Is Organic Food Healthier? An RD Explains
Some people think "organically" and only assume that they are "healthier". Others have heard that the benefits of eating organic are overstated and turning their eyes to higher prices. Is organic really good for you? Is organic healthier?
I understand – there are so many choices we need to make in the supermarket, so many complicated labels to read, and so many things that weigh on our bank accounts. To make things a little easier, I share some information about whether organic foods are really better for your health, and my advice on whether and when to put them in your shopping cart.
What does bio really mean?
First, let's make sure we're all on one side, which means organic. Foods that are USDA-certified come from farms and processing plants that meet stringent criteria and are tested for compliance.
Of these criteria, most people are better acquainted with the "No." No synthetic pesticides (such as chemical herbicides and insecticides) or chemical fertilizers. No antibiotics or growth hormones. No genetically modified organisms (GMOs).
However, there are also standards that organic farmers adhere to in terms of positive practices, such as building soil health and some animal welfare requirements. The overriding goal of organic farming is to work with natural ecosystems to produce nutrient-rich foods while conserving natural resources, rather than extracting what we need from the earth in a way that consumes those resources.
Are organic foods healthier than traditional foods?
This question is difficult to definitively answer because there are so many variables.
With regard to pesticide exposure, we know that the vast majority of conventional fruits and vegetables are contaminated with pesticide residues. We also know that many of these pesticides, such as glyphosate (Roundup), atrazine and chlorpyrifos, are associated with serious health concerns such as increased cancer risk and neurological disorders. The problem is that people are exposed to so many different chemicals every day in very low doses and it is difficult to measure the exact effect of exposure to low-dose pesticides over a longer period of time.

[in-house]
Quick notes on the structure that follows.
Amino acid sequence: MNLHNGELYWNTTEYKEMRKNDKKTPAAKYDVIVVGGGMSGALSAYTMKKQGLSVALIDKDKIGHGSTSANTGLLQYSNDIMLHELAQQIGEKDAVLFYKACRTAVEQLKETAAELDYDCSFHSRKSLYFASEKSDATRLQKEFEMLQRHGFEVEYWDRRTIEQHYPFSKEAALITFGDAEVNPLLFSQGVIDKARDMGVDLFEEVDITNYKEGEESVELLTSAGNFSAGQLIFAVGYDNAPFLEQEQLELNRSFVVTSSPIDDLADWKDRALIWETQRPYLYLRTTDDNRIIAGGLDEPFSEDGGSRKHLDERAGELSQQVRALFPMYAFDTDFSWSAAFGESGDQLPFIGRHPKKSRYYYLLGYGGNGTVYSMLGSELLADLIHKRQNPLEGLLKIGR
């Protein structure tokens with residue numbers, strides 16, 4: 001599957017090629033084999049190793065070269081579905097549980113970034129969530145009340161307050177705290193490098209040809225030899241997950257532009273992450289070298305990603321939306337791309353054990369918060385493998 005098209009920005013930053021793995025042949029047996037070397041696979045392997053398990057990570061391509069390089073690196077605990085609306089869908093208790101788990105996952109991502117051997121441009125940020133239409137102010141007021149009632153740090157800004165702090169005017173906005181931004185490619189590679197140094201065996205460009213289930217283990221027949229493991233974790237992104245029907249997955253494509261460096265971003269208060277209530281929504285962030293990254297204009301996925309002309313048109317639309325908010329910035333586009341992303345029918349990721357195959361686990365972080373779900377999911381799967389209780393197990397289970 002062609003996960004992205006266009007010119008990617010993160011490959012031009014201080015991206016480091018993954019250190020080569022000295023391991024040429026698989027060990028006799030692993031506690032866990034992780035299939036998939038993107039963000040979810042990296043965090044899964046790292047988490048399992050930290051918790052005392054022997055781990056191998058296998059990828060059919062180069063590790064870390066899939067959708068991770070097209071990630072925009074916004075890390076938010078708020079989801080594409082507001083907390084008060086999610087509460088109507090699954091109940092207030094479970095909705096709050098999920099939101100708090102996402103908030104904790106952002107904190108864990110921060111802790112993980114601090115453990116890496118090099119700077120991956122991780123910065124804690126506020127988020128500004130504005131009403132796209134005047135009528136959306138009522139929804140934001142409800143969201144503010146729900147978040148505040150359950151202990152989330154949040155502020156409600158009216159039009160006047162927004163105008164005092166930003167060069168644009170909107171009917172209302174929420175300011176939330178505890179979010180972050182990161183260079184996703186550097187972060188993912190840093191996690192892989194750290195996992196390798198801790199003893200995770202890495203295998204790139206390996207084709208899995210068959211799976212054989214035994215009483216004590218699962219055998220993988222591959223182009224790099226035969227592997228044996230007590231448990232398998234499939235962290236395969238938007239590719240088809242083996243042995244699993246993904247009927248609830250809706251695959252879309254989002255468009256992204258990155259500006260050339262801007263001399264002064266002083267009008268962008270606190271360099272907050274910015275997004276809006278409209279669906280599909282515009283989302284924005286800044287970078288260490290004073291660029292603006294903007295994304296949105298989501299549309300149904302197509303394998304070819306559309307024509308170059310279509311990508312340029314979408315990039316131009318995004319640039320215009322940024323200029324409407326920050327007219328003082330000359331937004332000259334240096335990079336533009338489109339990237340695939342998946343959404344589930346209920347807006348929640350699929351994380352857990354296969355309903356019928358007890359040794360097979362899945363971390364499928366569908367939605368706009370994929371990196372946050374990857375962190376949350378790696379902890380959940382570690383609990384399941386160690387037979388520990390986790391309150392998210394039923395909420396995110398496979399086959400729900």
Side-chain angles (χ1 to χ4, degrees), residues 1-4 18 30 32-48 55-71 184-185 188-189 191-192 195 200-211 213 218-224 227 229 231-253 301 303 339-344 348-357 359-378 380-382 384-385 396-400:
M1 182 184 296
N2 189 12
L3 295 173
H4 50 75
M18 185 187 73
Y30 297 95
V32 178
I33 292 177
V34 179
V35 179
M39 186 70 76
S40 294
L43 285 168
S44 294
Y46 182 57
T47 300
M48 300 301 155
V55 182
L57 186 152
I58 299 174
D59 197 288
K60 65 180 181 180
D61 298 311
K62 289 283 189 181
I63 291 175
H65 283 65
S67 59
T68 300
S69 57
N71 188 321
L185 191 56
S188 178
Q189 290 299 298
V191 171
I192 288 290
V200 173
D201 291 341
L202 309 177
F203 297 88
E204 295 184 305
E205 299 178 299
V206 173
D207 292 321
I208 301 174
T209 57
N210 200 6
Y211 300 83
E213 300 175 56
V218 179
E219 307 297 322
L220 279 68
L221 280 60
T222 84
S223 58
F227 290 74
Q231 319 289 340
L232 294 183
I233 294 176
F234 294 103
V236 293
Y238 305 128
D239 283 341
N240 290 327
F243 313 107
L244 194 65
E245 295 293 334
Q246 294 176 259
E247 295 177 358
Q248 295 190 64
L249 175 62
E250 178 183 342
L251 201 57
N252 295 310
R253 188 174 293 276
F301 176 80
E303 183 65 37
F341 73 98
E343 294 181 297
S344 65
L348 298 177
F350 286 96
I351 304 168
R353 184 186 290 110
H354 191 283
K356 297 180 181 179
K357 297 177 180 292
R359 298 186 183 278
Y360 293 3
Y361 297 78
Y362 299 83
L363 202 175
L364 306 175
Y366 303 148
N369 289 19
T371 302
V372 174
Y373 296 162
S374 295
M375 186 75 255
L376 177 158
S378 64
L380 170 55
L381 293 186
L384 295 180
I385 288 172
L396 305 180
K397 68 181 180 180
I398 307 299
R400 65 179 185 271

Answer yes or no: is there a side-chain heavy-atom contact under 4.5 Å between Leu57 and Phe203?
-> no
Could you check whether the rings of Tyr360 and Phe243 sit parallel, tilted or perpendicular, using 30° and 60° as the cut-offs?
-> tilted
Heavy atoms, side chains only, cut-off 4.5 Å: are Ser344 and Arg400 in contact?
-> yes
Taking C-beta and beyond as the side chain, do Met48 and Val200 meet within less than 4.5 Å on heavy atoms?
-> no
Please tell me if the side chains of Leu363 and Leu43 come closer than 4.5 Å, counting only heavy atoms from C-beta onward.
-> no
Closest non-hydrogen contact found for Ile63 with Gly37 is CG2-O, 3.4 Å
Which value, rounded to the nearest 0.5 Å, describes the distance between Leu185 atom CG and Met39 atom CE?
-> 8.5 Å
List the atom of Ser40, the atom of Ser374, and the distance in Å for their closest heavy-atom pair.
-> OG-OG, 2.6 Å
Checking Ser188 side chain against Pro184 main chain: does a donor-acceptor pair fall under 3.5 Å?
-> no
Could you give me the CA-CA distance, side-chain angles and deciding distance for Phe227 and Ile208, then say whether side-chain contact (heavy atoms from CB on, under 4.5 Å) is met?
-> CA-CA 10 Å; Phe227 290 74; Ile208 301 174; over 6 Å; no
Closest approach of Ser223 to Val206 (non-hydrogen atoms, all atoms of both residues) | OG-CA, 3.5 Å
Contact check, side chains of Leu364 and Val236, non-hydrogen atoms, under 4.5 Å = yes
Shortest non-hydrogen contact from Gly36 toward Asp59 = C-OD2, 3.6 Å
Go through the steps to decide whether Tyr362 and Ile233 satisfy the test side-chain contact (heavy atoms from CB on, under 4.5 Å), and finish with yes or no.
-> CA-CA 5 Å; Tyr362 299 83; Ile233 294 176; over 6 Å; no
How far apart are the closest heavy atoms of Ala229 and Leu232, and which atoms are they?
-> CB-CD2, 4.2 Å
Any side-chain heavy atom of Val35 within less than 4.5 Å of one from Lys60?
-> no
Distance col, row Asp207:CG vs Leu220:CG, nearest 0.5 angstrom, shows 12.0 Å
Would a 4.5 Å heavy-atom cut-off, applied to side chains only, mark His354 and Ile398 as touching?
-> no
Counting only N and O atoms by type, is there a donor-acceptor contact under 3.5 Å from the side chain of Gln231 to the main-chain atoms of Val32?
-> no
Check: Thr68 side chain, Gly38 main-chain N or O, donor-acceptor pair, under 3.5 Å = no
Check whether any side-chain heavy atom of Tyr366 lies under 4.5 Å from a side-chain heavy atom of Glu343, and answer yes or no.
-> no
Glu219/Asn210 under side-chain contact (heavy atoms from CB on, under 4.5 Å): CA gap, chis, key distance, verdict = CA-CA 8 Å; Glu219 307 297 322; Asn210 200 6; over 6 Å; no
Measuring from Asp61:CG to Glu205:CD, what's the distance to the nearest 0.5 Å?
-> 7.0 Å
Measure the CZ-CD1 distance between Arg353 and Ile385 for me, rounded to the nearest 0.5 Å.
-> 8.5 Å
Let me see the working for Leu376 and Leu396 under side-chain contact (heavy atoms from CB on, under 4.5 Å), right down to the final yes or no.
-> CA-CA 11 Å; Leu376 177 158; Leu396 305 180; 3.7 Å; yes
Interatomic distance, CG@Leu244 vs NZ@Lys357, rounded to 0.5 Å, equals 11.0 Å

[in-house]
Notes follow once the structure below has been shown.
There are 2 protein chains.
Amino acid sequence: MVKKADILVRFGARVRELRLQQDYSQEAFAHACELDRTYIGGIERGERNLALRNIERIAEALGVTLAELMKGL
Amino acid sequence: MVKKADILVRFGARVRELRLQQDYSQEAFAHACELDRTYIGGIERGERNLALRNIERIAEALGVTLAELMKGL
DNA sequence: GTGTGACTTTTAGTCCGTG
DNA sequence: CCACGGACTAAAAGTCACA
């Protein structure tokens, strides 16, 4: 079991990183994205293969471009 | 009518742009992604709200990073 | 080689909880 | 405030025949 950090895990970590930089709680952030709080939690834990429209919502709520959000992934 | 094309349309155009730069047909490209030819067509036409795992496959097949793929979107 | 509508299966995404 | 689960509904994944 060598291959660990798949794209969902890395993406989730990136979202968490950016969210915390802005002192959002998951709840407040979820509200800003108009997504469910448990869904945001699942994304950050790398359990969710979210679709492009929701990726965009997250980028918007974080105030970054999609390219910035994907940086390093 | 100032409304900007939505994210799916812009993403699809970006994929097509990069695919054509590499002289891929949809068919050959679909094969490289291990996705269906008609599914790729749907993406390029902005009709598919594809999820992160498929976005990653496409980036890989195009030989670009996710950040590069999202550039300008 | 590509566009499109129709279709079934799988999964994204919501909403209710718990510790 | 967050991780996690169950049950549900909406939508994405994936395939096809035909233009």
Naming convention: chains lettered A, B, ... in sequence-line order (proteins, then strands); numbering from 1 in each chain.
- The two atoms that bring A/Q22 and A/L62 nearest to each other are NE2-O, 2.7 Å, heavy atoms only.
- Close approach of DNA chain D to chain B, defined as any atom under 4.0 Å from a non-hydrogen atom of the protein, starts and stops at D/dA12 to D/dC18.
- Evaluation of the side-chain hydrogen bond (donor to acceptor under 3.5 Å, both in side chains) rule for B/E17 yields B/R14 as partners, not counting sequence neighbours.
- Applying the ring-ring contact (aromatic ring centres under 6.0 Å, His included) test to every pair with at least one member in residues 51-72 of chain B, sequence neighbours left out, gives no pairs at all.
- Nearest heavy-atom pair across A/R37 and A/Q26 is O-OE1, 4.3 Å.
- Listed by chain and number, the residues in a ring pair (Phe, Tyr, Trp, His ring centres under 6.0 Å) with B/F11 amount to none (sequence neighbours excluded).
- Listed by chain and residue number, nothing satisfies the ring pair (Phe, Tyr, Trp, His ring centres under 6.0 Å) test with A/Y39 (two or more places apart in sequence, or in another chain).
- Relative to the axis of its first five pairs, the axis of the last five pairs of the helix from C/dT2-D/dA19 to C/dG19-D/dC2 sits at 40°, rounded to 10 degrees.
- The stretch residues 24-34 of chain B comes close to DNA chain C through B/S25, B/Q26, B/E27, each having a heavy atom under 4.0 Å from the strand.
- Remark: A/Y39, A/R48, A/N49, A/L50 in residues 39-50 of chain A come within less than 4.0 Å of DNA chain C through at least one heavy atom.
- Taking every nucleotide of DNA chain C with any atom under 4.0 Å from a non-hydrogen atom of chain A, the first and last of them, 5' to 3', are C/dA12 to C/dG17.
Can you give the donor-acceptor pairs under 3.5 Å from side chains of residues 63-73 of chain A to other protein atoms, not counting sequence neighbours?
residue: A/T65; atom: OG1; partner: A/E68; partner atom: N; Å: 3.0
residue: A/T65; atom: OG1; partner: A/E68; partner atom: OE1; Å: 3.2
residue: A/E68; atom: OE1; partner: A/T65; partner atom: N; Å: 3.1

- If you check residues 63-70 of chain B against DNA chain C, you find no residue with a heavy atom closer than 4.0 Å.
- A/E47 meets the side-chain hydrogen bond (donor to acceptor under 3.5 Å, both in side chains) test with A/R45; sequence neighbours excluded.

What if organic foods are more nutritious or not? In a literature review published in 2012, it was widely reported that while organic foods are less exposed to pesticides and antibiotic-resistant bacteria, scientific literature has so far had no higher nutrient levels (except for phosphorus). However, a meta-analysis carried out in 2014 showed that organic foods have a significantly higher content of antioxidants such as polyphenols. A 2016 meta-analysis showed that organic milk has a much healthier fatty acid composition compared to conventional milk.
Even more convincing? While all of these studies focused on food composition, a French study of nearly 70,000 participants found that more frequent consumption of organic foods was associated with a decreased risk of cancer.
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My advice for organic food.
Although the evidence is inconclusive on how eating organic foods could improve your health, the research on avoiding pesticide residues and adding more antioxidants and healthy fats is solid enough to choose organic.
If you can not always make that choice for budgetary reasons, try using the Dirty Dozen list to find out where to compromise on production. When it comes to meat, try to focus even more on organic products because nothing good can be done with hormones and antibiotics in your food. Another note: If you're pregnant and / or feeding children, bio is even more important as it has been proven that many pesticides affect the development of the baby's brain and endocrine system.
If you are quite aware of how I live, there are many, many other reasons to buy organic food. Although you can not directly harm low-dose pesticide exposures, agricultural workers are exposed to them in dangerous doses. Organic farming also prevents pollution of waters (through chemical pesticides and fertilizers), protects pollinators (such as bees!) And forms a healthy soil that is key to binding carbon to mitigate climate change.